On Friday evening we went to our friend Sarah’s Birthday get together. We had a lovely time and Noah made firm friends with their new German Shepherd, Bertha. Bertha is only 6 months old and she is really beautiful.
Noah was totally relaxed with her and they played together very happily. Although Bertha was on best behaviour I still felt the need to keep my eye on them and make sure everything was OK. As a parent I have realised that there seems to be an inbuilt safety assessor inside of me!
It got me thinking that there really is a fine line between worrying too much about everything and having the right amount of caution to protect your children. Whilst you don’t want to make your children fearful of things unnecessarily you do want them to recognise danger.
I realised that mindfulness has a lot to offer in terms of allowing us to deal with situations proportionately. When we become mindful we are able to watch our thoughts and recognise that they are just thoughts. We are not our thoughts, we do not have to act on them. It is amazing when you realise you can simply notice your thoughts and then decide whether to do anything about them or not. You can just let them pass if you chose. Watching your thoughts in this way also allows you to make a decision about how to act rather than just reacting on impulse. This can make a huge difference as you bring your children up.
Should I keep Noah away from a huge dog for fear that it could hurt him or is watching from a safe distance ok? Should I stop Noah going fast on his pony or should I just be nearby to help if he needs it? Living life is all about learning from experience and this continues right into adulthood and parenting. Letting your children explore risky situations for themselves can be hard to do but if you learn to be mindful it becomes a whole lot more possible.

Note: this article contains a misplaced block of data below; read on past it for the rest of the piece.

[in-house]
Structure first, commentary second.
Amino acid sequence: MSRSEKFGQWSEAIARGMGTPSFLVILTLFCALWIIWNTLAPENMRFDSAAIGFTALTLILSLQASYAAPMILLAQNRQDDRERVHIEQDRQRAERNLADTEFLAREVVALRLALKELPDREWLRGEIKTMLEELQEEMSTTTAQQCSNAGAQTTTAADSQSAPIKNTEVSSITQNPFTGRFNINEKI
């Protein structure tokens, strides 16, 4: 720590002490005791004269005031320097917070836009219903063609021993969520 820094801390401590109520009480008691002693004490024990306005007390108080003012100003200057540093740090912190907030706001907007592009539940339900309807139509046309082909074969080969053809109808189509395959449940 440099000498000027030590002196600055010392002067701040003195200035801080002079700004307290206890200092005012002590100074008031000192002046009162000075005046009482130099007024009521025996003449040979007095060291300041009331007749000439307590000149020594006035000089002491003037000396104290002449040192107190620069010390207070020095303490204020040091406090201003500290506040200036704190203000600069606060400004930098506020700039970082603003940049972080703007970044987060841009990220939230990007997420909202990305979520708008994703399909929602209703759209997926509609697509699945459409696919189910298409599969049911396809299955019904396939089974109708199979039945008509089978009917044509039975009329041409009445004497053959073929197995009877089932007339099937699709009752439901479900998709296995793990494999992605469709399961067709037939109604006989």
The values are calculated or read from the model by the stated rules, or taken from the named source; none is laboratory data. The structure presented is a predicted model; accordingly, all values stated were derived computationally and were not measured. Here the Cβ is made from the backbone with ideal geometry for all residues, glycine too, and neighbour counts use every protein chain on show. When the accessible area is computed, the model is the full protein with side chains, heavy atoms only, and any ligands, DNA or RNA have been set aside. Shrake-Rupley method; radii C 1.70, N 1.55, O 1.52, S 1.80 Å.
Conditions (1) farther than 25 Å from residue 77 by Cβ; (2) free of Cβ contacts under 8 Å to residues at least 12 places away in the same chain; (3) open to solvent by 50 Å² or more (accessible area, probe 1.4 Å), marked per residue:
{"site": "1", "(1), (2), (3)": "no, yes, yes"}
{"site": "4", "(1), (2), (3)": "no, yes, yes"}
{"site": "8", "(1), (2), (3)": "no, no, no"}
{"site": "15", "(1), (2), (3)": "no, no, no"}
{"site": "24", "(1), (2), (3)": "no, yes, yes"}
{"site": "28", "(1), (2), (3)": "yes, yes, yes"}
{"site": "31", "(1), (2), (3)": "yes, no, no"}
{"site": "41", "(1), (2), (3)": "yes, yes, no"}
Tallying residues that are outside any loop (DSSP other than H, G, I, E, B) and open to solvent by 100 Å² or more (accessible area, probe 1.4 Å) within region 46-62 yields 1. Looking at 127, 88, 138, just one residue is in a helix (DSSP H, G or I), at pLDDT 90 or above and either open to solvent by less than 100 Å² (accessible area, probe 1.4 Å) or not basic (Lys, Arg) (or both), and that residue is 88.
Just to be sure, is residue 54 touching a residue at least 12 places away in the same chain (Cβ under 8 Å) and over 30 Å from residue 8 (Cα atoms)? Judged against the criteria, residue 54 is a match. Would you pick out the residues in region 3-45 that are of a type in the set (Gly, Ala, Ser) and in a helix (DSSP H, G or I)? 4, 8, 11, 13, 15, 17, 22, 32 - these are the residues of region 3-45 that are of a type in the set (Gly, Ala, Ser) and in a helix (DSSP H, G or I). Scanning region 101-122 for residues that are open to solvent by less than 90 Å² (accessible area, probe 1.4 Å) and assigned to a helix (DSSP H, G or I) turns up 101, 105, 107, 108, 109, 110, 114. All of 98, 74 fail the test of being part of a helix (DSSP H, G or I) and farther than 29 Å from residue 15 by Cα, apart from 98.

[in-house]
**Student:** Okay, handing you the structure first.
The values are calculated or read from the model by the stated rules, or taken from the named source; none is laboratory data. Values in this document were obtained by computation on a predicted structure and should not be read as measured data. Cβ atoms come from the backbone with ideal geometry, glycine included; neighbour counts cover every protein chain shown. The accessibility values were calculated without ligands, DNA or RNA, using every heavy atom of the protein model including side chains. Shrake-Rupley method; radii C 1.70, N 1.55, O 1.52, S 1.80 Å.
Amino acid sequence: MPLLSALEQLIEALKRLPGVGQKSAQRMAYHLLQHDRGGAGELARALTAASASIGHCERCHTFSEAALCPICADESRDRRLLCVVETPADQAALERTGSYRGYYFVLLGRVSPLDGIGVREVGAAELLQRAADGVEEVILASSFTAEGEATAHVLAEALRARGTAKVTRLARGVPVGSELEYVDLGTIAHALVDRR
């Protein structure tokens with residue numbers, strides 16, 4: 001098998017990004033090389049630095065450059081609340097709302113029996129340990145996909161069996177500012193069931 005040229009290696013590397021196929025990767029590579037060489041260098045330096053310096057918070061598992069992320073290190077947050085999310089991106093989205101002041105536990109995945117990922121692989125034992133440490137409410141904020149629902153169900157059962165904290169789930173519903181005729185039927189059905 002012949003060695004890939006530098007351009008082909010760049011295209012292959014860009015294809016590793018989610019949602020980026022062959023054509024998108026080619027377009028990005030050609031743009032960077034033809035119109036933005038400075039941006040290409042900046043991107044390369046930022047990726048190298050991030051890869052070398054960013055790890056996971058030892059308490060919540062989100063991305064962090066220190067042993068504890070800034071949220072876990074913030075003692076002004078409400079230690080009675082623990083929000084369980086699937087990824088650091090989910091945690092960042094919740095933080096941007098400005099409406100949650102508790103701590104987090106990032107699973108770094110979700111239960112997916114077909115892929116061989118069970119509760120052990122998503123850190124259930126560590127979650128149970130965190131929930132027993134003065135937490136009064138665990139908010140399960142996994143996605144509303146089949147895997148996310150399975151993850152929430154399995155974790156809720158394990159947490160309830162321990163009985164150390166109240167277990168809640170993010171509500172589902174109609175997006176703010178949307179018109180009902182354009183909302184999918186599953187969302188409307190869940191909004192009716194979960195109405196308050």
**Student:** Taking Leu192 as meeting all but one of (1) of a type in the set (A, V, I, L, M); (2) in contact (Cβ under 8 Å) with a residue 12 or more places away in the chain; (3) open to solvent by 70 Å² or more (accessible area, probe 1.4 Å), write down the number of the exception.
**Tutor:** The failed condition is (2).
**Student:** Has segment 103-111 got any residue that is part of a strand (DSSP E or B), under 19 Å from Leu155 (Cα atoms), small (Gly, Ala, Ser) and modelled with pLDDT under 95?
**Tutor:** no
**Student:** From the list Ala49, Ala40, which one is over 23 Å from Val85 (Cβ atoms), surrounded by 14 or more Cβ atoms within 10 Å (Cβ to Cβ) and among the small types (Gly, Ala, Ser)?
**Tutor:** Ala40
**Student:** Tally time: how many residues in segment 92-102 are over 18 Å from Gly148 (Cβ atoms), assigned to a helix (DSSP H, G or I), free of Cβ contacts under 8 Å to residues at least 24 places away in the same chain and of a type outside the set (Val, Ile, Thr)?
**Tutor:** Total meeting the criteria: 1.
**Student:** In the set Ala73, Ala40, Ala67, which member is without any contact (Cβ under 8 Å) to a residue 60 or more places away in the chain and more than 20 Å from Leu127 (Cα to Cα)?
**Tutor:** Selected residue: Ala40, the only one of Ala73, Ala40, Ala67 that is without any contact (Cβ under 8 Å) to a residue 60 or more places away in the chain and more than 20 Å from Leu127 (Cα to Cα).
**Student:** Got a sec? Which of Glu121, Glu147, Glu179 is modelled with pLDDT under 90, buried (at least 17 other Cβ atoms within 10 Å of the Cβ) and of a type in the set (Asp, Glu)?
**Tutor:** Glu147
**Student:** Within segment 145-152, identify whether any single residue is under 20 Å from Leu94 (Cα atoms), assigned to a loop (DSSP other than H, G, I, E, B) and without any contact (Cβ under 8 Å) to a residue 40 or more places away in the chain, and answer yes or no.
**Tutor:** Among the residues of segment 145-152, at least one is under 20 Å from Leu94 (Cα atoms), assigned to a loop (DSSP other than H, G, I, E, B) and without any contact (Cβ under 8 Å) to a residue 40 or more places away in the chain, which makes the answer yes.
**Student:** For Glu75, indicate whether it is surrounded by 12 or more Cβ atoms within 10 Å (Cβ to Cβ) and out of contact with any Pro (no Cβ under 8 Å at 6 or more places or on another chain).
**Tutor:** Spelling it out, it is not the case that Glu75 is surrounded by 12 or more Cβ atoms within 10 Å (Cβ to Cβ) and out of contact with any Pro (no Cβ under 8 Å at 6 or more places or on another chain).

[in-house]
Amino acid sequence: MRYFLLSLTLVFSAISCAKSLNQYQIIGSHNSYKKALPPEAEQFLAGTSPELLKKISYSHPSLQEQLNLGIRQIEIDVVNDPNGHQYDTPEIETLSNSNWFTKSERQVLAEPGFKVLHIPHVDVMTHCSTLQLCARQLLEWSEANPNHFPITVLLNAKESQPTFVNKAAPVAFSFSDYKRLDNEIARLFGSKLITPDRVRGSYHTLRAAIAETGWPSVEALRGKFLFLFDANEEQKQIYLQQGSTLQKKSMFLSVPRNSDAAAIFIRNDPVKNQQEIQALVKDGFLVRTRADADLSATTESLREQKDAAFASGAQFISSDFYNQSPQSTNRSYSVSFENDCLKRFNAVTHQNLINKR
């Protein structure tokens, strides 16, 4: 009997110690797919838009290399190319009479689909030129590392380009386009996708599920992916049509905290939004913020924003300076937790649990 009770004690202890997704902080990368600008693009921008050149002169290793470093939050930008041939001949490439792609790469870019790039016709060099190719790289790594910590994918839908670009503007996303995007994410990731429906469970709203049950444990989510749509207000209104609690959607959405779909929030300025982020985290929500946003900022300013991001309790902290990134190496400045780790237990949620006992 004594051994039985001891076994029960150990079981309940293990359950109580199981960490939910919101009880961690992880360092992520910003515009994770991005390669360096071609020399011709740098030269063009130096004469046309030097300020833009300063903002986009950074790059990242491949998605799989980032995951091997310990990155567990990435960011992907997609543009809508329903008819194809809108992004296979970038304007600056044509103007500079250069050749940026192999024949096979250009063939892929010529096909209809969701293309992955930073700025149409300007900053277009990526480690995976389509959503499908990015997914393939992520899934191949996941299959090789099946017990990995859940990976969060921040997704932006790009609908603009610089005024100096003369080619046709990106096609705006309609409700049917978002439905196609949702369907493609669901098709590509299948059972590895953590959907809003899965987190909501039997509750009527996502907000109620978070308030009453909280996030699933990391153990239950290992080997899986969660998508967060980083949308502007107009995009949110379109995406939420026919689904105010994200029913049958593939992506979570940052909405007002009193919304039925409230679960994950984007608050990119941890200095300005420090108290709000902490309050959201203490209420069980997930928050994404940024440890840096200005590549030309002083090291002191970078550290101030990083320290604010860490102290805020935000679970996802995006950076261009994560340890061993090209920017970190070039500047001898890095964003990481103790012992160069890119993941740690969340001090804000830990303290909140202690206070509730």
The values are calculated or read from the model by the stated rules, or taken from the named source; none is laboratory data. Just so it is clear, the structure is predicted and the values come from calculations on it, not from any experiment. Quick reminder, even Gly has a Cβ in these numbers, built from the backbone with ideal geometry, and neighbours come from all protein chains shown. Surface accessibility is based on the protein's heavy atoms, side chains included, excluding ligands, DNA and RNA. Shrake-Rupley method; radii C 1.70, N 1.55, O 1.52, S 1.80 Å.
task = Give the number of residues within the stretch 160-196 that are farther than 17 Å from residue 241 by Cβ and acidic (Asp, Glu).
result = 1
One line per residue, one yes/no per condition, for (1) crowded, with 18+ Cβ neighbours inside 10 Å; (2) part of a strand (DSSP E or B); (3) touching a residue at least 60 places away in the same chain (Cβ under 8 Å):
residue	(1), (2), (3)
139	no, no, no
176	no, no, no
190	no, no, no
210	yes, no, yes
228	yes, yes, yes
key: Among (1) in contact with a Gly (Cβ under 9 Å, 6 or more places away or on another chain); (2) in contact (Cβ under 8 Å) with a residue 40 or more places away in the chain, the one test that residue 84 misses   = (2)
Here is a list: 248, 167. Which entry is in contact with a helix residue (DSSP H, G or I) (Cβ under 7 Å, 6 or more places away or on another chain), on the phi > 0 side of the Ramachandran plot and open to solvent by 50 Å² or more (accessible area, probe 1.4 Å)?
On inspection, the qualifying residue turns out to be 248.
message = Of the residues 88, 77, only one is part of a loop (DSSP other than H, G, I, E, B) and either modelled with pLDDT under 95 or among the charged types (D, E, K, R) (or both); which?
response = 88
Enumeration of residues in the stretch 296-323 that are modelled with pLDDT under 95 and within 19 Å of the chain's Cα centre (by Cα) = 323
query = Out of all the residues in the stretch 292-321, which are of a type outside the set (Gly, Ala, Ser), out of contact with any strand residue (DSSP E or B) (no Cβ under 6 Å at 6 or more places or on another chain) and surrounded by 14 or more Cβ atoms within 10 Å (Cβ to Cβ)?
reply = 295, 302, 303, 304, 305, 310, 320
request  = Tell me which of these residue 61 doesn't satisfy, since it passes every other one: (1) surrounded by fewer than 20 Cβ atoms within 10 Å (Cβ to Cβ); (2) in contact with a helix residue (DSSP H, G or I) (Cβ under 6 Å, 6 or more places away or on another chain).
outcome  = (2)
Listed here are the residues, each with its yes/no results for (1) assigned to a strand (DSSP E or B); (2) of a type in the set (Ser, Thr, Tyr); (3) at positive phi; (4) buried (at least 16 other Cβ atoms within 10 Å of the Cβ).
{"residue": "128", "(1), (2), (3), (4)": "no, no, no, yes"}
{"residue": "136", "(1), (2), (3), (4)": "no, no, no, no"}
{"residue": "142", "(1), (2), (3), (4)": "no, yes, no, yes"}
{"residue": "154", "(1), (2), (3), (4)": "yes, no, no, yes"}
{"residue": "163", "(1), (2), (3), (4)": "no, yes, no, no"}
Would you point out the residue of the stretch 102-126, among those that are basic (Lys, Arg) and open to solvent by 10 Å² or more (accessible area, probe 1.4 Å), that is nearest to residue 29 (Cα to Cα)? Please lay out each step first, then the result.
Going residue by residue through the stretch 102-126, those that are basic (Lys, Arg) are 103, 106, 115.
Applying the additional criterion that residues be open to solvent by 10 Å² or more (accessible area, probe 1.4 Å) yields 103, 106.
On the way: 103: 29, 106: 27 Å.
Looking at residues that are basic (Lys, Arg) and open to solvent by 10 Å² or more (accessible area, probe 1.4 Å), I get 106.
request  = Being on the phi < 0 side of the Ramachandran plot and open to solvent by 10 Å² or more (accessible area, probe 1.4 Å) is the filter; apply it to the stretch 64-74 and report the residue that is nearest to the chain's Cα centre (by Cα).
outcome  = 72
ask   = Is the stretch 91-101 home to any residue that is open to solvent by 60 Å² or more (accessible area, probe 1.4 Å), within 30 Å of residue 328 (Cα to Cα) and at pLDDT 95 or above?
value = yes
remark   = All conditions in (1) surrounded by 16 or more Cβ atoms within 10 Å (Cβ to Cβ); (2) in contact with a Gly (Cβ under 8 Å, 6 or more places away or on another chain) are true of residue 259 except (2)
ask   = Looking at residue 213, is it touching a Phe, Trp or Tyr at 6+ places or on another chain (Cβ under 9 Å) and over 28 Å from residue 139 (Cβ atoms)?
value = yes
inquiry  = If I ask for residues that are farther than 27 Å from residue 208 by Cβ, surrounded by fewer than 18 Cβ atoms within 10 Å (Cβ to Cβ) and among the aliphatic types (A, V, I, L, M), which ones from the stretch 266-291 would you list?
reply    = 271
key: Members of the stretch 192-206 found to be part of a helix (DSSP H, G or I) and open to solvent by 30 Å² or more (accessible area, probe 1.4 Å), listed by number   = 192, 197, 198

So I am not saying ignore danger, you are the adult and you know so much more about the situation than your young child. But if you are looking to allow them to experience things that are simply difficult for you to watch perhaps just noticing your thought pattern will help. Just watching them and taking a couple of deep breaths before you decide if they need your help will make all the difference. In time it will become easier to do and by the time they are ready to fly the next and experience the world you will be so well practised at it that it will be a breeze!
To get started on noticing your thoughts try this simple exercise…
Set the time on your phone for 5 minutes.
Sit upright in a chair making sure your spine is straight.
Close your eyes and notice you breath, where it makes your body rise and fall, how deep it is, the rhythm. Don’t change your breath just watch it.
Then start to notice what distracts you. Each time your mind wanders from your breathing notice whether it is a thought or a feeling.
As you get more practised at doing this you will be able to notice the emotion that is connected to the thought.
One you have noted what distracted you simply return your attention back to your breath.
This exercise is so simple yet we could practise it endlessly and still get benefit from it because our minds will always wander. Practise this regularly and you will notice that you are able to recognise your thoughts in everyday life too. This puts you in a position of quiet confidence. You see situations clearly and can decide whether you need to act or not. It makes life so much lighter and gives you so much head space. Give it a go!
Come on a Revitalise Day to see how mindfulness can fit into your life and help you to see things clearly. It is such a useful life skill and it really can help you enjoy life more from the moment you start.